There’s no doubt that the U.S. auto sector is in chaos. Want some evidence? Ford Motor (F) has announced it will no longer invest in manufacturing and selling traditional Ford sedans for the North American market because of declining consumer demand and lagging profitability for these vehicle types. Over the next few years, Ford will gradually prune its North American portfolio to just to two vehicles – the best-selling Mustang and an all-new Focus Active crossover due next year By 2020 the company’s goal is to have 90% of its North American portfolio be trucks, SUVs, and commercial vehicles.
At the same time Ford will try to stay in the hybrid and electric–and autonomous vehicle–race by adding new propulsion technologies to profitable vehicles such as the F-150 pickup truck, Mustang, Explorer, Escape and Bronco. The company’s battery electric vehicle rollout starts in 2020 and it will bring 16 electric vehicles to market by 2022. History shows, however, that it’s extremely difficult to get back into a market once you’ve abandoned it. Which means that Ford is leaving the North American sedan car market to General Motors and Toyota (TM) and other imports if they want it.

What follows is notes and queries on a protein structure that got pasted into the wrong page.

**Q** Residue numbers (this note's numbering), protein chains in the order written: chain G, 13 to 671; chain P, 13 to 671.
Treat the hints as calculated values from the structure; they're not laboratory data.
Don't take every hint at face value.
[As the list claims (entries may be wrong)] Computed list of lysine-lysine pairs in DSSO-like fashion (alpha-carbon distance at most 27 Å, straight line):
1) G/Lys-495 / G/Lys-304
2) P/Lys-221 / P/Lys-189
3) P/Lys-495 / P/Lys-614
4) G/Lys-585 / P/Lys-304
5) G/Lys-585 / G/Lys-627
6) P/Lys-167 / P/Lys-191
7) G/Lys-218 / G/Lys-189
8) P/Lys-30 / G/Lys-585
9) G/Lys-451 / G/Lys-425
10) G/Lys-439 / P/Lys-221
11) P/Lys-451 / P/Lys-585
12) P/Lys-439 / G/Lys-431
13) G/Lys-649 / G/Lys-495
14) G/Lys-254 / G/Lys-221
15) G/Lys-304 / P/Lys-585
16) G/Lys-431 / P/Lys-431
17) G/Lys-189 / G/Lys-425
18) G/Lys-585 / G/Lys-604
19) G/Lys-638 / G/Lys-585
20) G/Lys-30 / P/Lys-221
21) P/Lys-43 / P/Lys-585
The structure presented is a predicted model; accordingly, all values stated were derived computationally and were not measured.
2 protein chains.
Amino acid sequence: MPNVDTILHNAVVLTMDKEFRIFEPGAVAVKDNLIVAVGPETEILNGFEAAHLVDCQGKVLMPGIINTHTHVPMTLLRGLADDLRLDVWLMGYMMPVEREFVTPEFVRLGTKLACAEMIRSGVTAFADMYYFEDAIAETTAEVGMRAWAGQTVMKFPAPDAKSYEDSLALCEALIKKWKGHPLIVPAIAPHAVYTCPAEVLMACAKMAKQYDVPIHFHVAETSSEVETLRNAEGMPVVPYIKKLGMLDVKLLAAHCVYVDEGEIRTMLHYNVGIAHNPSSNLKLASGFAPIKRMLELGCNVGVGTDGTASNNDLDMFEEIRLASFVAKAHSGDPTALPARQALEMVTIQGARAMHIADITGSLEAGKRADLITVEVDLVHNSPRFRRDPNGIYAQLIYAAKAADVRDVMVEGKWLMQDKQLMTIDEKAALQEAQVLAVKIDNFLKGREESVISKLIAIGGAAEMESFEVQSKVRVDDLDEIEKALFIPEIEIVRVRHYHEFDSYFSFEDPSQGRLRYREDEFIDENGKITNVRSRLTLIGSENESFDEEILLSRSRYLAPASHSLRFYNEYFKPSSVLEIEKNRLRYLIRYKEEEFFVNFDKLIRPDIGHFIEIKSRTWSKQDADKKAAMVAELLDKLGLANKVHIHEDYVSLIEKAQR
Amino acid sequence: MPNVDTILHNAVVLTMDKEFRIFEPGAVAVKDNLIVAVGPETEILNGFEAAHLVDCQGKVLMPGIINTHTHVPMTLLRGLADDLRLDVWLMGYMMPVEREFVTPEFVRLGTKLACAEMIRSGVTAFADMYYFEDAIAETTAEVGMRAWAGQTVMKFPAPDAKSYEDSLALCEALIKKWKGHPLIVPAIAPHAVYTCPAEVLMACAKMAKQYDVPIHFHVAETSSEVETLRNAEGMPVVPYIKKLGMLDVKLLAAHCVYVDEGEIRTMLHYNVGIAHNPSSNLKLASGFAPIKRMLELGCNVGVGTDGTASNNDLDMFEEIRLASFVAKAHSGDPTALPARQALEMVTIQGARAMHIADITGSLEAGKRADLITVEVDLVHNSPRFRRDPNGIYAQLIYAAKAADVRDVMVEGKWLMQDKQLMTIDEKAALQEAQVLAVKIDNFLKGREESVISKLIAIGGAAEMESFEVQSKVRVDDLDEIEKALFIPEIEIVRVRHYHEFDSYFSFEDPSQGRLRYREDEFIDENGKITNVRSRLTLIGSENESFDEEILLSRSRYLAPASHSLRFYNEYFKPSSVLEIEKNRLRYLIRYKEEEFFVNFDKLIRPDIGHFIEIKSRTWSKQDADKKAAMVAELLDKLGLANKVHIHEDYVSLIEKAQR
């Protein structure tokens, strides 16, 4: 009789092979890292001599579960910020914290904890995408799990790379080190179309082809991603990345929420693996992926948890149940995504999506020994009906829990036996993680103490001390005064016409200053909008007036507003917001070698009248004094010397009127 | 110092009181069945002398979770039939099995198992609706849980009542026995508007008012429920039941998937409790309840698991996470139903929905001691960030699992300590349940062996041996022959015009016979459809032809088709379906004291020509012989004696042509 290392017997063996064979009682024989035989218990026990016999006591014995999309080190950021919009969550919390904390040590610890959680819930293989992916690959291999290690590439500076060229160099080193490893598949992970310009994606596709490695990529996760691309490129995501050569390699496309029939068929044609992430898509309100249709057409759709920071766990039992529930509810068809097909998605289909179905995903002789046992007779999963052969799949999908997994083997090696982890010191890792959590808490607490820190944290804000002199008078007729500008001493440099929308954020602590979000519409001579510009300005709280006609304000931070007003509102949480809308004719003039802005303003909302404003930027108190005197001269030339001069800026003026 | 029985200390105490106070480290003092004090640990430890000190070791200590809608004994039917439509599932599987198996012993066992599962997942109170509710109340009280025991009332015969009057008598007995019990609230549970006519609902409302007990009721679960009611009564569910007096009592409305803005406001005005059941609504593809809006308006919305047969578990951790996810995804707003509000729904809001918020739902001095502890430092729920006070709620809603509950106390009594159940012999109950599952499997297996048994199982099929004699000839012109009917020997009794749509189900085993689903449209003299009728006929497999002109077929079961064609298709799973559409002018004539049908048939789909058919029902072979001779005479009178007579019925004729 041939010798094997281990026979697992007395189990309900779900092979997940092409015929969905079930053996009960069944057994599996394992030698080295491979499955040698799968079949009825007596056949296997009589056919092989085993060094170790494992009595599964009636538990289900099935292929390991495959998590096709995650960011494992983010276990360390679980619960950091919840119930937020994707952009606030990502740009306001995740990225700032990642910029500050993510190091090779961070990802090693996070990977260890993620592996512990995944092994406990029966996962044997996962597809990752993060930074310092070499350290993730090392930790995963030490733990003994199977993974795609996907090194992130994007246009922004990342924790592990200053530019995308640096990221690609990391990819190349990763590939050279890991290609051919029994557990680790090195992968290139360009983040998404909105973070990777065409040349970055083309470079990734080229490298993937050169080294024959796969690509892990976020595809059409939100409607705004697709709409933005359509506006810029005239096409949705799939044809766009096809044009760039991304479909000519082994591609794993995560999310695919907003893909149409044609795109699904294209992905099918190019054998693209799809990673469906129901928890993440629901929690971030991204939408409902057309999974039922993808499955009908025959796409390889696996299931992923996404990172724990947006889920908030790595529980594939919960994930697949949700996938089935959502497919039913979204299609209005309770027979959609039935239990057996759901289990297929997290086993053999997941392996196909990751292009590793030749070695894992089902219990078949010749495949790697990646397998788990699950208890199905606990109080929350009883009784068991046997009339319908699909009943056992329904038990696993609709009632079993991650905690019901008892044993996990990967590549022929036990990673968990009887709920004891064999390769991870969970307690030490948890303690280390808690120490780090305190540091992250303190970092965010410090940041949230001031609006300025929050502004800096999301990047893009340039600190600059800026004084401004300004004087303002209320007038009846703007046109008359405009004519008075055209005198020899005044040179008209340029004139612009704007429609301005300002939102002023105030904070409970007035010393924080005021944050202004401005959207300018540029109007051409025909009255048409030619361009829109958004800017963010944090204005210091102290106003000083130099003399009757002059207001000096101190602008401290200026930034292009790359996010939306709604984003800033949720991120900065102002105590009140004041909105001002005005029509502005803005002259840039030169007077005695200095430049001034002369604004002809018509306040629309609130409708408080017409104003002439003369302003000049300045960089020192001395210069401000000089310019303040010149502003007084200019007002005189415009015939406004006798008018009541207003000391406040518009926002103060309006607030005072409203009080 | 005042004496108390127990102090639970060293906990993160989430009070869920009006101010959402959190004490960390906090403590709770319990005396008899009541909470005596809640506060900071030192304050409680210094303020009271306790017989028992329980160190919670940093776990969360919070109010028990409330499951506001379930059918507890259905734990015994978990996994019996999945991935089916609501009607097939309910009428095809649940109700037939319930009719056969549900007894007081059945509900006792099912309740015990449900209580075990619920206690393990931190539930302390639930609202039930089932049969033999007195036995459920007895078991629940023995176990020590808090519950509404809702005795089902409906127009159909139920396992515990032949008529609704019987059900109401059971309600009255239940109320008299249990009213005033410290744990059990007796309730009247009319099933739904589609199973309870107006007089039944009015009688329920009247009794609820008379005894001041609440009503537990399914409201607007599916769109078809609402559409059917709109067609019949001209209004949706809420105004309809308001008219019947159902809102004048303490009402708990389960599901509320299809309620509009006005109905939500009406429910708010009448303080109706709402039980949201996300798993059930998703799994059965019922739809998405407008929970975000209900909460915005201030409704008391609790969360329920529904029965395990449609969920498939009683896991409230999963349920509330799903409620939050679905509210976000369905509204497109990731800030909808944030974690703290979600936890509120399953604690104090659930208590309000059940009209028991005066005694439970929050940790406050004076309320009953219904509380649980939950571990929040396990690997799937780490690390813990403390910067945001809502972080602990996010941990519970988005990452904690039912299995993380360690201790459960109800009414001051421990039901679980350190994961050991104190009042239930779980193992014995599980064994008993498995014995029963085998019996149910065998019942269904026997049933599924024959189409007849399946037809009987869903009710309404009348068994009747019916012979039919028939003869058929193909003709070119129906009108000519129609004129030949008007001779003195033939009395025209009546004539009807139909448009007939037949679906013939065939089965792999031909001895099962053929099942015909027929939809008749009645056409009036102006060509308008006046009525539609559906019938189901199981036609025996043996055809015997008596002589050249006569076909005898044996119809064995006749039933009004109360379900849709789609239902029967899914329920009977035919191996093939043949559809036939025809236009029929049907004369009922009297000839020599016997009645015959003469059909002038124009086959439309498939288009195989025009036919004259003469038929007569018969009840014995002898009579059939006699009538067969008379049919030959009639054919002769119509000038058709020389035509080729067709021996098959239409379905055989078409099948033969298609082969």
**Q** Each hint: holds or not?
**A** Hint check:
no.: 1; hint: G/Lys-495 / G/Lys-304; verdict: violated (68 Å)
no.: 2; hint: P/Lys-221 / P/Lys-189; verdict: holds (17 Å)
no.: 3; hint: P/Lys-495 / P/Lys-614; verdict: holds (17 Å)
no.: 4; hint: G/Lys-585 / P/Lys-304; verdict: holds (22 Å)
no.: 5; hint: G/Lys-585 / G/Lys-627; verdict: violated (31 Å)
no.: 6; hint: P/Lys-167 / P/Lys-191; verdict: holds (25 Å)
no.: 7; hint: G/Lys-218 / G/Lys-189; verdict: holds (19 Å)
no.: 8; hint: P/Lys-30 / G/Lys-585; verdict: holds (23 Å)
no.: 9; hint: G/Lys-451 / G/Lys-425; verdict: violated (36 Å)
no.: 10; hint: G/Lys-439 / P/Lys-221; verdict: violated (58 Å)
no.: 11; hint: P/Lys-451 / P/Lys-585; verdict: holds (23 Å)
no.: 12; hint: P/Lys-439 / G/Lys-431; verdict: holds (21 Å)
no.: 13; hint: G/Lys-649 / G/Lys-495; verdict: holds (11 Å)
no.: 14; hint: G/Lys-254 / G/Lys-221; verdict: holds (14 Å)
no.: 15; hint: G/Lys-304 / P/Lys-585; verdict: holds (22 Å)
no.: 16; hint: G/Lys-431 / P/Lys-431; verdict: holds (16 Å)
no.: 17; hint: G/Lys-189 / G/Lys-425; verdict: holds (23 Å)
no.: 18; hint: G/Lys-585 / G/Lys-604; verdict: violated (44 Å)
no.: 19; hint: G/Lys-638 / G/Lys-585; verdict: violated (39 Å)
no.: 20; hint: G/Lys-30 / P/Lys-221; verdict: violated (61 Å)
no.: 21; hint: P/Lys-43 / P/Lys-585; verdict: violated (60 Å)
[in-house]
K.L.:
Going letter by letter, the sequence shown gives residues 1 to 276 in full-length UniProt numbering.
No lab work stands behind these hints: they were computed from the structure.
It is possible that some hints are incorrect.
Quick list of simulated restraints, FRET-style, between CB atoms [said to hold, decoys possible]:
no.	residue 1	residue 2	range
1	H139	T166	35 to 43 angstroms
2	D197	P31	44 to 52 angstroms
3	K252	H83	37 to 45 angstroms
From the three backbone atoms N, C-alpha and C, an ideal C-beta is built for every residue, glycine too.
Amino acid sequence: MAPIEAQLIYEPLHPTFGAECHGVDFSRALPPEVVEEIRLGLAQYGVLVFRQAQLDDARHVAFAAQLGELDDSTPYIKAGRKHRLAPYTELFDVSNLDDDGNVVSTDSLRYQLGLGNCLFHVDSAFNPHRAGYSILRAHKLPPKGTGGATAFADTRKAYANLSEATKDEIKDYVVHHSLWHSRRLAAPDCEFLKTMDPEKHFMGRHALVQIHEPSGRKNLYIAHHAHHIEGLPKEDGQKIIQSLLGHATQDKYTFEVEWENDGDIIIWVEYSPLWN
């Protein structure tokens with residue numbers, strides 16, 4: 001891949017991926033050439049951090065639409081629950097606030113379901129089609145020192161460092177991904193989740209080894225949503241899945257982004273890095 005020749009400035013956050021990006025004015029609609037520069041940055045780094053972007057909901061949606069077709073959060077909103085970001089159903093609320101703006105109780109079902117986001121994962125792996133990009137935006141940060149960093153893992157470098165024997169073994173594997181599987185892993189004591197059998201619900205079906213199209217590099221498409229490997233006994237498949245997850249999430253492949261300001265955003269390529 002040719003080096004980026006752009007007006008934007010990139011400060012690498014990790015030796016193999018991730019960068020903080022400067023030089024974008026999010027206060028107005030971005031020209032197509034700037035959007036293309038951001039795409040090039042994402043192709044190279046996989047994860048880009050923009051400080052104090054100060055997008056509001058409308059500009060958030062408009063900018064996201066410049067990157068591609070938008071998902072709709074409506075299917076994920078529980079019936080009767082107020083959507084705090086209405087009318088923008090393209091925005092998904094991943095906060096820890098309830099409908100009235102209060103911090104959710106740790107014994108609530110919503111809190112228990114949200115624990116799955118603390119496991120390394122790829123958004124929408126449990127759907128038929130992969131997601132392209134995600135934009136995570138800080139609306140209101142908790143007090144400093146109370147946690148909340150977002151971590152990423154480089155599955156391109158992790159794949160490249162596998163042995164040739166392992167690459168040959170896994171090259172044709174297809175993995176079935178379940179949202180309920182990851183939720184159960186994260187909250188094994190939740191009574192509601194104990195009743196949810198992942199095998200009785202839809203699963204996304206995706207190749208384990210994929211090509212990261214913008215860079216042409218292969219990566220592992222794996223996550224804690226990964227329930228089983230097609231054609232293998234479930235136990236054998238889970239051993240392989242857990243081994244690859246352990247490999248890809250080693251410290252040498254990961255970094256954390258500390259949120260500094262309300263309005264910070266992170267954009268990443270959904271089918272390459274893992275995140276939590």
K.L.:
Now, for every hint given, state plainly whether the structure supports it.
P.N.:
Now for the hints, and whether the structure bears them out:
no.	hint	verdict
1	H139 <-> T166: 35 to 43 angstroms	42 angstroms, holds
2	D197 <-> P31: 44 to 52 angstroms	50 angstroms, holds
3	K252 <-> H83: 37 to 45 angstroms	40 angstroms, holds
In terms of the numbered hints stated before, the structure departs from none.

Right now General Motors looks to follow Ford down this road but not as far as “no-more-sedans.” Chevrolet alone still sells 12 car models. According to auto industry analysts by 2022 Chrysler will be 97% non-sedans, Ford will be 90%, and General Motors will be at 84%. Which will give General Motors a considerable long-term advantage in the auto industry’s transition to electric and autonomous vehicles. The company will still have access to the consumer segment most likely to attracted to those new technologies. I think this is part of the logic behind a $2.35 billion investment by the Softbank Vision Fund in General Motor’s self-driving subsidiary, Cruise. For its money Softbank has gained a 19.6% stake in Cruise. General Motors has promised it will put self-driving cars into commercial service in 2019. As Tesla (TSLAWealth Strength IndexAAPL is Extremely Up and trending Up) has shown convincingly in the electric car market, getting a product to market is the easy part. Selling in enough volume to make a profit is harder. With Ford’s retreat from the North American sedan market General Motors will have a few years of relative competitive solitude to see if it can solve the puzzle. Timing this one is hard. All things considered I might wait until early 2019 (or later if the deadline for an autonomous vehicle slips) before buying General Motors shares.